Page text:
It’s early morning, shortly after sunrise. The Bowman campground is full, but few people are up yet, or even stirring. I walk from the parking lot to the CCC shelter, admiring the way the shelter blends into the landscape like it grew out of the earth. Behind the shelter the Bowman to Rosario trail begins, beckoning like an open door, a hallway between the campsites and the log-strewn beach.
As I began walking westward, I met an elderly couple out walking their dogs, or rather, stretching their legs while carrying their dogs. The woman apologized for the dog she carried, saying that it just wasn’t ready for morning yet. I wondered if coffee would help.
Around the corner a dad and daughter sat in lawn chairs between the trail and the beach. They sipped on hot drinks in mugs and looked totally contented as they looked seaward on this heavenly blue-sky morning now touched with a wisp of light fog in the trees.
Soon I left the tents and RVs behind as the trail began to rise quickly, steeply, a root and rock-strewn pathway leading upward and westward. As the trail hugs the edge of the bluff, the view of Bowman Bay opens up dramatically, especially with the morning sun streaming through the trees, a great blue heron looking for breakfast, and a gaggle of otters cavorting and teasing and rolling and diving and spyhopping their way towards me. It seems no matter what they are doing, otters turn it into play. Whether hunting or relaxing or saying hello or just traveling through, it’s all for fun.
The trail climbs steadily to its highest point along the bluff, then drops down gradually to reach Rosario. The soil is dry here. The late summer sunlight is now lower in the sky and riding a shorter course to get to its time of setting. Leaves are changing. The plants know their time is short, and they are preparing for the coming autumn season. Golden leaves lie scattered across the trail and forest duff.
Almost to Rosario now, I carefully follow the social trails near the bluff’s edge instead of the main trail, enjoying the elevated view out over Bowman, and now Rosario Head coming into view. A bench near here honors Tara, a teenager who loved life and enjoyed this view while she lived, her time on earth shorter than most.
One of my favorite trees in all the park appeared, standing out on a promontory as if posing in a yoga stretch, wrapping its arms around itself, embracing the winds that caress and torment it every day.
Back on the main trail, I finish the descent to the Rosario area, passing the Discovery Center, closed at this time to keep people safe.
I walked up to the Maiden and looked into her wide-open eyes, her faces looking both toward the tidepools and toward Bowman Bay, as a younger teenager and then as a mature woman. She once saw the sea as simply a storehouse of food, abundant and free for the taking. Her husband of the sea opened her eyes to the lifelong dance of all living things, connected and dependent on each other to continue that life of abundance. She became a partner with the sea, and in turn the sea became an integral, essential, relational partner with her tribal members and tribal life.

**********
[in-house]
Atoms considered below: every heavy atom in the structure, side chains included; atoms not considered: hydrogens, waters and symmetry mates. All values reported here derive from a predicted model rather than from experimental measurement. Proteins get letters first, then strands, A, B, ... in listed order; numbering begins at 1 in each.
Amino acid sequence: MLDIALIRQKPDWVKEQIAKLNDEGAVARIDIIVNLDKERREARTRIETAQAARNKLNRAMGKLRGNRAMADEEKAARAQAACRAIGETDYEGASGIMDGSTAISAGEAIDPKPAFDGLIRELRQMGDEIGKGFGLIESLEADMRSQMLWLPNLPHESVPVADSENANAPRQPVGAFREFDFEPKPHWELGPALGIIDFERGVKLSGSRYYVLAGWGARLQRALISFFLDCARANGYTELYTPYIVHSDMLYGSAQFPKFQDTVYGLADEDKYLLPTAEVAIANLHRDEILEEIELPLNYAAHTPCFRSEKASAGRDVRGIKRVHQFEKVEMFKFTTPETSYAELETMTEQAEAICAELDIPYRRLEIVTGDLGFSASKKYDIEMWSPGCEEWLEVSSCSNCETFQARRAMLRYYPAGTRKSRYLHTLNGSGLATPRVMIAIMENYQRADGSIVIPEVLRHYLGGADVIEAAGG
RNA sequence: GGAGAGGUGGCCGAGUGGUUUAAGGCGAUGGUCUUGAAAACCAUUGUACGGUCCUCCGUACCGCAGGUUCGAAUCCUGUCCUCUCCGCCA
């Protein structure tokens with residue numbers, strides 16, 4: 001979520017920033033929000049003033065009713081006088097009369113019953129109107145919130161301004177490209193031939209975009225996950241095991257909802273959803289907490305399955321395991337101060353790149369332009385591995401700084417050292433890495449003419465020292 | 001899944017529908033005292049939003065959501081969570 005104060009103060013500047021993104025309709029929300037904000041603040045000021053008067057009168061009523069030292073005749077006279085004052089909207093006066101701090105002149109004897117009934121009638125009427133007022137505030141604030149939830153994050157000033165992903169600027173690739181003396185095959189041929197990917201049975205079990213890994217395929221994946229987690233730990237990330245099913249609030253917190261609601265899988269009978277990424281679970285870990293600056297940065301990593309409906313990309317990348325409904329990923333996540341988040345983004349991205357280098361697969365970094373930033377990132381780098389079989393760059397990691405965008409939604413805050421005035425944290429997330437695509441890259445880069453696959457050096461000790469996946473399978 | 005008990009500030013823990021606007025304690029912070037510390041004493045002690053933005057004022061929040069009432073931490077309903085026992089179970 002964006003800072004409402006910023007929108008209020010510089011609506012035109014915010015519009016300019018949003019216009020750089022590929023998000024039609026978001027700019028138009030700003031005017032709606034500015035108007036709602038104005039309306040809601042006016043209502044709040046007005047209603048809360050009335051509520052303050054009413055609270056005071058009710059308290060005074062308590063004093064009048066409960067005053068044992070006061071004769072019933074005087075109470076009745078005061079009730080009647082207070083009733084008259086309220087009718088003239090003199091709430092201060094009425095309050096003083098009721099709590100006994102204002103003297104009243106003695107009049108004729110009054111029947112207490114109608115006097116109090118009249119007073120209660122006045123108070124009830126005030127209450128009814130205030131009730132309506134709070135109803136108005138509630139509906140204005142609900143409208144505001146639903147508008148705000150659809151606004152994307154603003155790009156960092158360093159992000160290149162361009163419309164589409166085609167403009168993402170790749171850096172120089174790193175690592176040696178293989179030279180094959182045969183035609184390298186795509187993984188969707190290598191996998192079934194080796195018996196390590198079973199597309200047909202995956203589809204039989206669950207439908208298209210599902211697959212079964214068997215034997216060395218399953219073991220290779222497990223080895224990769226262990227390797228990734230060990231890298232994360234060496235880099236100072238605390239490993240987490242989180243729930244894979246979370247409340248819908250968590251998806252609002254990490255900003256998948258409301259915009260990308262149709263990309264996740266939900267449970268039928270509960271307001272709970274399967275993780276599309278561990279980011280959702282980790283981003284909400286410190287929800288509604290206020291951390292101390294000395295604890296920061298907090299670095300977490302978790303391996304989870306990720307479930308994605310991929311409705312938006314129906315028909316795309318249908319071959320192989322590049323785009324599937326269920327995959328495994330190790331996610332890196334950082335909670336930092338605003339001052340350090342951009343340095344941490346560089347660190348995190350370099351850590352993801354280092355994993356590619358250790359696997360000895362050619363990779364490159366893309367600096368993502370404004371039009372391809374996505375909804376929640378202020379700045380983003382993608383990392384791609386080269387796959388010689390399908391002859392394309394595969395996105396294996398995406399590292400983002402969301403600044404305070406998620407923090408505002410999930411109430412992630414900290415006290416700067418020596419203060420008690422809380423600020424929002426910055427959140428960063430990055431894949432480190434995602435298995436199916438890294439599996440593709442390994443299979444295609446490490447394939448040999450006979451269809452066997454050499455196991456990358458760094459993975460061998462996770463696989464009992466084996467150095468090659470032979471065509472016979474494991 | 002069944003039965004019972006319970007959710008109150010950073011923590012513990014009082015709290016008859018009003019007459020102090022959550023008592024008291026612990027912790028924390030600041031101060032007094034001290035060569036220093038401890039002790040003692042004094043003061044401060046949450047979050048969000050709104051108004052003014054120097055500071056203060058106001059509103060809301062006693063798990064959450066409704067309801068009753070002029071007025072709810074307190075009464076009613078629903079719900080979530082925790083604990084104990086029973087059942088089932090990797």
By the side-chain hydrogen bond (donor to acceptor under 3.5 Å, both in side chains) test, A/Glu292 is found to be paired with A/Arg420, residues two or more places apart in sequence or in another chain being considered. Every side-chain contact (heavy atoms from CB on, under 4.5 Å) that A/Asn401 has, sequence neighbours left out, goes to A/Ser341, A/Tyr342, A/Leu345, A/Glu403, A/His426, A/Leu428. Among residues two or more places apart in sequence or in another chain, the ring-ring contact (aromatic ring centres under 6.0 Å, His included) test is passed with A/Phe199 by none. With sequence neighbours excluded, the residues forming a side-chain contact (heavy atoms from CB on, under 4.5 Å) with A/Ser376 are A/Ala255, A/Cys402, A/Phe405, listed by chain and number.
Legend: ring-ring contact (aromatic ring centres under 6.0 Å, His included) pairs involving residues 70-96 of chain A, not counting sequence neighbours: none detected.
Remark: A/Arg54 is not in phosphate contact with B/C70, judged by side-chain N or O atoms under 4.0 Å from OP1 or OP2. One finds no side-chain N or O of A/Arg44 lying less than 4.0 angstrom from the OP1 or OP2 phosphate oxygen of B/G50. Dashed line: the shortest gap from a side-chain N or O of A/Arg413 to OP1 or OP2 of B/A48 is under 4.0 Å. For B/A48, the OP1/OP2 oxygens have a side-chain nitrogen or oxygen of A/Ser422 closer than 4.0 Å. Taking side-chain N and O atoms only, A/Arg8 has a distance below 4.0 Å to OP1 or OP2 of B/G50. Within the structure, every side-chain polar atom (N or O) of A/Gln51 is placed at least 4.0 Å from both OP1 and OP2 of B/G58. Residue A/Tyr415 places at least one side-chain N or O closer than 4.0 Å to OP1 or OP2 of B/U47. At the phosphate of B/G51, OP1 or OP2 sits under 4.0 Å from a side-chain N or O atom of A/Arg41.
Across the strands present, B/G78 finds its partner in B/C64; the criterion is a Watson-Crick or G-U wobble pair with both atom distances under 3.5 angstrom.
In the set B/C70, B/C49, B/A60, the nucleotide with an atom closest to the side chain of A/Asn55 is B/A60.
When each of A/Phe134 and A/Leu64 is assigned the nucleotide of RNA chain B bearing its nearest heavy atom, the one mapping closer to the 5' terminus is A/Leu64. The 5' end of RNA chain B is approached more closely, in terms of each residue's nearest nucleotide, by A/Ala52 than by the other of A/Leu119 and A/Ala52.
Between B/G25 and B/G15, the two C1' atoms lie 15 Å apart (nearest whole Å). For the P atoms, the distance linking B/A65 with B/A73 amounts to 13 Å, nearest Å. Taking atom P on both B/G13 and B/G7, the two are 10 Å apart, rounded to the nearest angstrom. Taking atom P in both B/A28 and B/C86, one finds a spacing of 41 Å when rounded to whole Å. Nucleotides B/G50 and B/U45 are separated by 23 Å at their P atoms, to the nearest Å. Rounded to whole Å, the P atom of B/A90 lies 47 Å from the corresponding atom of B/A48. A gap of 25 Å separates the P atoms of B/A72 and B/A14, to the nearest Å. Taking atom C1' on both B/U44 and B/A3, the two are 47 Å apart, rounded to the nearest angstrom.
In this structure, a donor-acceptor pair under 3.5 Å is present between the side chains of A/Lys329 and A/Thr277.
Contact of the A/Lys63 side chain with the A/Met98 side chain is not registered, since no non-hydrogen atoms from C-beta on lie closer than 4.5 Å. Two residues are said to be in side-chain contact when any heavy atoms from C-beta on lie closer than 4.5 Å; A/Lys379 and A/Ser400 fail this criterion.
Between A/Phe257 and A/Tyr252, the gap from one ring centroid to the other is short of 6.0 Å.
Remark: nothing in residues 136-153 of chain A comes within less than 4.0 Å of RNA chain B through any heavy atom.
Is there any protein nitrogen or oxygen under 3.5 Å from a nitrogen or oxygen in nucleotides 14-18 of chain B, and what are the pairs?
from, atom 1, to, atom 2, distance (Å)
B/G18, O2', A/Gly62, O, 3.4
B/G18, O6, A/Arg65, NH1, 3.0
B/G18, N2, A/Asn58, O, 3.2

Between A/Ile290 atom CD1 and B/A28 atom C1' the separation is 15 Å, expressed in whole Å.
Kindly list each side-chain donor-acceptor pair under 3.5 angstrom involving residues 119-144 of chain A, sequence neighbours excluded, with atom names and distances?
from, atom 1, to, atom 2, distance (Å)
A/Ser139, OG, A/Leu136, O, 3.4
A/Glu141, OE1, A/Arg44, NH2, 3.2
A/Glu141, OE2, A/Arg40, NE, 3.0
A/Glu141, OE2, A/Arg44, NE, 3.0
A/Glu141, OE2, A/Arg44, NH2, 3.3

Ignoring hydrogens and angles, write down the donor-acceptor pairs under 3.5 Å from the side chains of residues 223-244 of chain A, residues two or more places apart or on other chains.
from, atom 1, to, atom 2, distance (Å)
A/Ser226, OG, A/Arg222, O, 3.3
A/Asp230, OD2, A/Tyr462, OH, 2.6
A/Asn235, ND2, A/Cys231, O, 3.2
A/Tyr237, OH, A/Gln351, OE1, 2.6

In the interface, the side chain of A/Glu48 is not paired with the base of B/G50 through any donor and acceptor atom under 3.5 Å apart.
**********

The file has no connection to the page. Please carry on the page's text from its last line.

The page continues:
Her time with the tribe was short, but then again, it continues to this day. Her hair floated in the water nearby, long kelp tubes nearing the end of their lives, soon to wash ashore on nearby beaches to sustain life further in their death.
It is time for me to return back to Bowman Bay. I take the main trail back, rising slowly to the mid-point and then dropping down quickly to a campground now coming alive, rising and shining.
A new day has dawned.
Directions: Starting at Highway 20 at the Deception Pass bridge, go north a quarter mile to Rosario Road, turn left on Rosario Road, go about fifty feet and turn left again toward Bowman Bay. At a three way intersection go straight if you can, and park in the parking lot near the campground. The trail begins near the shelter closest to the water. Discover Pass required.
It was 10:00 in the morning and already hot and miserable in the ferry line in Clinton. No more needs to be said to explain the long line of cars except it was Sunday in August on Whidbey Island. The line was backed up the hill to the Food Mart, a line that would only get worse as the sun climbed higher. This was one of the hottest days of the year, so many families with kids, or seniors, or dogs, were looking for shade or a cool breeze. Then, out of the corner of their eye, is it a mirage? An illusion? Or is it an oasis? A tiny little park next to the ferry toll booths. Clinton Beach Park, a jewel waiting to be discovered.
Clinton Beach Park is owned and maintained by the Port of South Whidbey. There are colorful interpretive panels and picnic tables in the sun overlooking the water, but no one was there on this Sunday scorcher. More tables were available in the shade under a shelter with a Green Roof, designed to catch and filter storm water. But it hadn’t rained for weeks and the plants on the roof were fried to a crisp. No one was at that shelter either. There were a couple of ladies sitting in the shade of a building near the stunning family sculpture at the park entrance. On the far side of the park was a sand pile loaded with Tonka toys. Two people, one small, one tall, were just leaving the construction site as I approached. They were heading for the real attraction, walking down a blue mat toward the beach at low tide.